161. ^ Calic, Edouard, Ohne Maske (Without a Mask) (Frankfurter Societäts-Druckerei, 1968) pp. 11, 32–33. Translated by R.H. Barry as Unmasked: Two Confidential Interviews with Hitler in 1931, (London: Chatto & Windus, 1971) ISBN 0-7011-1642-0. Hitler’s confidential 1931 interviews were with Richard Breiting, editor of the Leipziger Neueste Nachrichten. Cited in: Bel, Germà (2006). Against The Mainstream: Nazi Privatization In 1930s Germany, Research Institute of Applied Economics 2006 Working Papers 2006/7, p. 14. Also cited in Richard Pipes, Property and Freedom, 1998, p. 416; which is cited in Epstein, Richard Allen, Principles for a Free Society (De Capo Press) p. 168. ISBN 0-7382-0829-9.
  162. ^ Carroll Quigley, Tragedy and Hope, 1966, p. 619.
  163. ^ Bendersky, Joseph W. A History of Nazi Germany: 1919-1945. 2nd ed. (Burnham Publishers, 2000) pp. 58-59.
  164. ^ Lee, Stephen J., Weimar and Nazi Germany, (Harcourt Heinemann, 1996) p. 28.
  165. ^ Turner, Henry A., German Big Business and the Rise of Hitler, (Oxford University Press, 1985) p. 62.
  166. ^ Turner, Henry A. German Big Business and the Rise of Hitler (Oxford University Press, 1985) p. 77. ISBN 0-19-503492-9.
  167. ^ Overy, R.J., The Dictators: Hitler's Germany and Stalin's Russia (W.W. Norton & Company, Inc., 2004) p. 399
  168. ^ a b c Overy, R.J., The Dictators: Hitler's Germany and Stalin's Russia (W.W. Norton & Company, Inc., 2004) p. 399
  169. ^ Overy, R.J., The Dictators: Hitler's Germany and Stalin's Russia (W.W. Norton & Company, Inc., 2004) p. 230.
  170. ^ Hitler's Piano Player: The Rise and Fall of Ernst Hanfstaengl: Confidant of Hitler, Ally of FDR (New York, New York: Carroll and Graf Publishers, 2004) p. 284.
  171. ^ a b ROvery, R.J., The Dictators: Hitler's Germany and Stalin's Russia (W.W. Norton & Company, Inc., 2004) p. 402.
  172. ^ Overy, R.J., The Dictators: Hitler's Germany and Stalin's Russia (W.W. Norton & Company, Inc., 2004) p. 402
  173. ^ Hitler’s speech on May 1, 1927. Cited in: Toland, John (1992). Adolf Hitler. Anchor Books. pp. 224–225. ISBN 0385037244. 
  174. ^ Turner, Henry A., German Big Business and the Rise of Hitler (Oxford University Press, 1985) p. 77.
  175. ^ Nyomarkay, Joseph, Charisma and Factionalism in the Nazi Party (Minnesota University Press, 1967) p. 132
  176. ^ Nyomarkay, Joseph, Charisma and Factionalism in the Nazi Party (Minnesota University Press, 1967) p. 130
  177. ^ Nyomarkay, Joseph, Charisma and Factionalism in the Nazi Party (Minnesota University Press, 1967) p. 130
  178. ^ a b Nyomarkay, Joseph, Charisma and Factionalism in the Nazi Party (Minnesota University Press, 1967) p. 133
  179. ^ Read, Anthony The Devil's Disciples: Hitler's Inner Circle, 1st American ed. (New York, New York: W.W. Norton & Company, 2004) p. 142
  180. ^ Karl Dietrich Bracher, The German Dictatorship, 1973, pp. 230-1
  181. ^ Ernst Nolte, Three Faces of Fascism, 1969, pp. 425-426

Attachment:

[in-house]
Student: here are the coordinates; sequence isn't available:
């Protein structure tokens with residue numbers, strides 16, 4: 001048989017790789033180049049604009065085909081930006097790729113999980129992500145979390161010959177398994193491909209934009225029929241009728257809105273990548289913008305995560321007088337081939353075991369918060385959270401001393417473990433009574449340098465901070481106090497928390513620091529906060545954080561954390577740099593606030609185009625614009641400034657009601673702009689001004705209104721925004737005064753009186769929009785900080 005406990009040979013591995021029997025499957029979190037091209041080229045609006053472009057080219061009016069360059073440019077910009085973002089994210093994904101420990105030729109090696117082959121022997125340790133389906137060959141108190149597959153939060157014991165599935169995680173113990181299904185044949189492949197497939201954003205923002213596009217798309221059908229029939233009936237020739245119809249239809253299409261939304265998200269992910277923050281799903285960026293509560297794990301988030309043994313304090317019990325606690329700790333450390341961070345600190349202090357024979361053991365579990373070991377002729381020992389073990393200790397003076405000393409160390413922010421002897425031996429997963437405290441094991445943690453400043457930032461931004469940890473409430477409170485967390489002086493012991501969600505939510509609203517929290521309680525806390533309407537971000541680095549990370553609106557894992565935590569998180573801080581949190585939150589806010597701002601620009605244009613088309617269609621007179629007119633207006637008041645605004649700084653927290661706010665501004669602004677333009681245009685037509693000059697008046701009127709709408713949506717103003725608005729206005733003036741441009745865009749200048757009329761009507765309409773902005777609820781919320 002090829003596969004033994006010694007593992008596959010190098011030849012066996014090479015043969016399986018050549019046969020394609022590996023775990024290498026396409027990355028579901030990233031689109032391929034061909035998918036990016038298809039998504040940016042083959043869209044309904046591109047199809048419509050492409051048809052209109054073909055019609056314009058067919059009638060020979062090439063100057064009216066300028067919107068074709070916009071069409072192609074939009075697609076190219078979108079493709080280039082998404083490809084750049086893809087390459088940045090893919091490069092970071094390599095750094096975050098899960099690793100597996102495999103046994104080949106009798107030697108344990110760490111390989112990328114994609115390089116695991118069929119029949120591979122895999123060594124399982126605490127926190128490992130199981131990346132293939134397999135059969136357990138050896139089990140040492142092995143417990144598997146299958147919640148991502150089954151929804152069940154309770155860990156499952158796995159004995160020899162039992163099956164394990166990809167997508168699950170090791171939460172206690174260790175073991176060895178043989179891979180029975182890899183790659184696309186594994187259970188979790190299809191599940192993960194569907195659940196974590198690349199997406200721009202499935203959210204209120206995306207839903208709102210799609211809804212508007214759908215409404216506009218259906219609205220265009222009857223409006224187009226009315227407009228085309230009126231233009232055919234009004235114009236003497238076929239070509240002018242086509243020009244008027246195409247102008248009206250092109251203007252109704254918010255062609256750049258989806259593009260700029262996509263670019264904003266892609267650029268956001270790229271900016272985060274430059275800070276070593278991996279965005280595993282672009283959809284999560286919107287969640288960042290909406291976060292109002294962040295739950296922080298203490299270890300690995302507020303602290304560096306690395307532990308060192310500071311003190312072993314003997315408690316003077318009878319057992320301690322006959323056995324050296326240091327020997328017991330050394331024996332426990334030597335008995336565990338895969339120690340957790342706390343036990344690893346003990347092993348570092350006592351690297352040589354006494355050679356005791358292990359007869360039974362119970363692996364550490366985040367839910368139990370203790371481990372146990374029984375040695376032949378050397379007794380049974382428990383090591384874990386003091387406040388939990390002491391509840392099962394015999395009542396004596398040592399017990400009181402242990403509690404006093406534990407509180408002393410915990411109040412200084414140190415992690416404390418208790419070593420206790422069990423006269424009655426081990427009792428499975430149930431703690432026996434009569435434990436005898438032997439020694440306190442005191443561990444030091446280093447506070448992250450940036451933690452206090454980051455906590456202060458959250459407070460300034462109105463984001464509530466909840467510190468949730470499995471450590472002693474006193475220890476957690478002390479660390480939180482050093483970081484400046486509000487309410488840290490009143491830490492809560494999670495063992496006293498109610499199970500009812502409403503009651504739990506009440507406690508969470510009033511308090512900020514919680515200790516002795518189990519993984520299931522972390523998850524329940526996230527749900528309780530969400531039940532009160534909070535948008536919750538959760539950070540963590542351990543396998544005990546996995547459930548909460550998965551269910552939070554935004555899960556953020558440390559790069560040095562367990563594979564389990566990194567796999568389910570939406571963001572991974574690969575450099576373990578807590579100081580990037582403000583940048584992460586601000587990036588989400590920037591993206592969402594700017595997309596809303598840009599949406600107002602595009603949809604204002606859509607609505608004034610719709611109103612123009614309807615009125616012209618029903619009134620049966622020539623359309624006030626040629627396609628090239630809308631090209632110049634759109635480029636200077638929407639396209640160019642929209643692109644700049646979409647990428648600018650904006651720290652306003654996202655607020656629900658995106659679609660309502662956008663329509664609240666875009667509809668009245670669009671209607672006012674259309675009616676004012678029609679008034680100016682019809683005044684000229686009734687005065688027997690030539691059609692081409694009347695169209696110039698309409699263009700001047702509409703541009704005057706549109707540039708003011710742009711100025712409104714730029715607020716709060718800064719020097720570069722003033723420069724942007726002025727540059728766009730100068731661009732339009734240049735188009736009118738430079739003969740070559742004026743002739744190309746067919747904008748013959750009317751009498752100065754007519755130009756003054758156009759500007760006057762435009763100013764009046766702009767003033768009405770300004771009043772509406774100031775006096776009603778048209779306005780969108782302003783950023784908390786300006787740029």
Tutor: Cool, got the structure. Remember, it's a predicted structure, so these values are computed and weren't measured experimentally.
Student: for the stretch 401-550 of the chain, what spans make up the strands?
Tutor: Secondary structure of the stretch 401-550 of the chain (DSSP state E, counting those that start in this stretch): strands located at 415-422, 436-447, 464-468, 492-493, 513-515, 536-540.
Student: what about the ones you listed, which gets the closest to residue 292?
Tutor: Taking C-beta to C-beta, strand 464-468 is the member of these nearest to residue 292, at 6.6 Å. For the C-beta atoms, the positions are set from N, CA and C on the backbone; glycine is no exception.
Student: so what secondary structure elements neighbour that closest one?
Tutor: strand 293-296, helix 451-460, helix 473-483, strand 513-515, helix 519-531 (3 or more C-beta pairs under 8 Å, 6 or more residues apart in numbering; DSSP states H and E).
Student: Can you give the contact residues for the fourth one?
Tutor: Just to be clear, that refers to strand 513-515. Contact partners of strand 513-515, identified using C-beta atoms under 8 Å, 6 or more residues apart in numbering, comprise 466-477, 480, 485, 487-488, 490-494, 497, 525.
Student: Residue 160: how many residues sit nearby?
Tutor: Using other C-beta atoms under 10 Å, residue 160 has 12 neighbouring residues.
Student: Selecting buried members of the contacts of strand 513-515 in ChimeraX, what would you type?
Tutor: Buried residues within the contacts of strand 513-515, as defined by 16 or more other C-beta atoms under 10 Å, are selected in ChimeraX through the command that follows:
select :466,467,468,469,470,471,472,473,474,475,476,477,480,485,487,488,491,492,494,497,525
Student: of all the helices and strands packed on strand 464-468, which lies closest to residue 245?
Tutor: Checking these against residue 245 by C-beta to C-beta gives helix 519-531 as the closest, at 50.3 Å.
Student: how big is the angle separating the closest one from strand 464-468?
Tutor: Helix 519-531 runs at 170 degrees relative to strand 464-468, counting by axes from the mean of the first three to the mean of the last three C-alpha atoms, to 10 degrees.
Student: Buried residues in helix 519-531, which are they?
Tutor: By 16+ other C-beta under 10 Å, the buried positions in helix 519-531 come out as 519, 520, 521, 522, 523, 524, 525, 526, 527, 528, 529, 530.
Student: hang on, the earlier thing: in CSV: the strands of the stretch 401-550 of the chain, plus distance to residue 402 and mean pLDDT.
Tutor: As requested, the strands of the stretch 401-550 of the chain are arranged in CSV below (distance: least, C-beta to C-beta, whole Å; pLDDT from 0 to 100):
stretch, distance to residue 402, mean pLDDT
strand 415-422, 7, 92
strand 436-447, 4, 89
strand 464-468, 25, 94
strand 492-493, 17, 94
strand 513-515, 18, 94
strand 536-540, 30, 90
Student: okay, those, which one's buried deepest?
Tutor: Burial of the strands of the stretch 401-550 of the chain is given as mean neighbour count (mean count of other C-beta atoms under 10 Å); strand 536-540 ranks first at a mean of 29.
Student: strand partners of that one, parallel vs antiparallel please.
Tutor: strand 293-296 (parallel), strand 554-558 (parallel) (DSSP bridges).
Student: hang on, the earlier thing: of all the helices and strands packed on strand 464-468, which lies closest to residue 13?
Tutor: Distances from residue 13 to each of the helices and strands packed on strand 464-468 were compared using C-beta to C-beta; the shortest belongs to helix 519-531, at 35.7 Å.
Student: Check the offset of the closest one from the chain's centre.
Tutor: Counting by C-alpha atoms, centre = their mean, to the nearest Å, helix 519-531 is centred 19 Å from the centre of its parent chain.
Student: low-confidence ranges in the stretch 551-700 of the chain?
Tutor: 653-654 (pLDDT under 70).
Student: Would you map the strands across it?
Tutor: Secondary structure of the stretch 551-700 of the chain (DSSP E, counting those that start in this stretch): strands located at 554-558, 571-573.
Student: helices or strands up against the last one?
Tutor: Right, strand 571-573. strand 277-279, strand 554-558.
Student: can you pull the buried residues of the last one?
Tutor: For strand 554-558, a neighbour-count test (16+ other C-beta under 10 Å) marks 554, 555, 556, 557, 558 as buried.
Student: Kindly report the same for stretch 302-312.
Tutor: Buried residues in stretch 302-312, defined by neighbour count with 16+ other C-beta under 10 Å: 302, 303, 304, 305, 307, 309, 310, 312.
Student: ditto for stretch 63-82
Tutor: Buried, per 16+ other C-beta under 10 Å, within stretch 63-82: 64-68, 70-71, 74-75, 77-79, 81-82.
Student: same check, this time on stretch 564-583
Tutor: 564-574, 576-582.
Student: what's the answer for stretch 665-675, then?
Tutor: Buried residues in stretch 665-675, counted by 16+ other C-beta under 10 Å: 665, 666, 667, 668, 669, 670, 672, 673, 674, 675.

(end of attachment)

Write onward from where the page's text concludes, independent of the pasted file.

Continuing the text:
182. ^ Evans, The Third Reich in Power, 1933–1939, Penguin Press, 2005, p. 409)
  183. ^ a b Peter Temin (November 1991>). Economic History Review, New Series 44 (4): 573–593. 
  184. ^ Guillebaud, Claude W. 1939. The Economic Recovery of Germany 1933-1938. London: MacMillan and Co. Limited.
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  • nazism — NAZÍSM s.n. Naţional socialism. – Din fr. nazisme, germ. Nazismus. Trimis de LauraGellner, 04.06.2004. Sursa: DEX 98  NAZÍSM s. v. naţional socialism. Trimis de siveco, 05.08.2004. Sursa: Sinonime  nazísm s. n …   Dicționar Român

  • Nazism — (n.) also Naziism, 1934, from NAZI (Cf. Nazi) + ISM (Cf. ism). Perhaps based on Fr. Nazisme (1930) …   Etymology dictionary

  • Nazism — noun The ideology of ’s NSDAP (National Socialist German Workers’ Party), including a Führer’s totalitarian government, racism, nationalist territorial expansion (Lebensraum) and state control of the (war) economy. See Also: Nazi, Nazification,… …   Wiktionary

  • Nazism — [[t]nɑ͟ːtsɪzəm[/t]] N UNCOUNT Nazism was the political ideas and activities of the German Nazi Party …   English dictionary

  • Nazism — Nazi ► NOUN (pl. Nazis) 1) historical a member of the National Socialist German Workers Party. 2) derogatory a person with extreme racist or authoritarian views. DERIVATIVES Nazism noun. ORIGIN German, representing the pronunciation of Nati in… …   English terms dictionary

  • Nazism — also Naziism noun Etymology: Nazi + ism Date: 1934 the body of political and economic doctrines held and put into effect by the Nazis in Germany from 1933 to 1945 including the totalitarian principle of government, predominance of especially… …   New Collegiate Dictionary

  • Nazism — /naht siz euhm, nat /, n. the principles or methods of the Nazis. Also, Naziism /naht see iz euhm, nat /. [1930 35; NAZ(I) + ISM] * * * …   Universalium

  • Nazism — Synonyms and related words: centralism, collectivism, communism, constitutionalism, democratism, fascism, federalism, feudalism, feudality, governmentalism, imperialism, monarchism, national socialism, neofascism, parliamentarianism,… …   Moby Thesaurus

  • nazísm — s. n …   Romanian orthography

  • Nazism — Na|zism [ nat,sızəm, næt,sızəm ] noun uncount the ideas and political policies of the Nazi party …   Usage of the words and phrases in modern English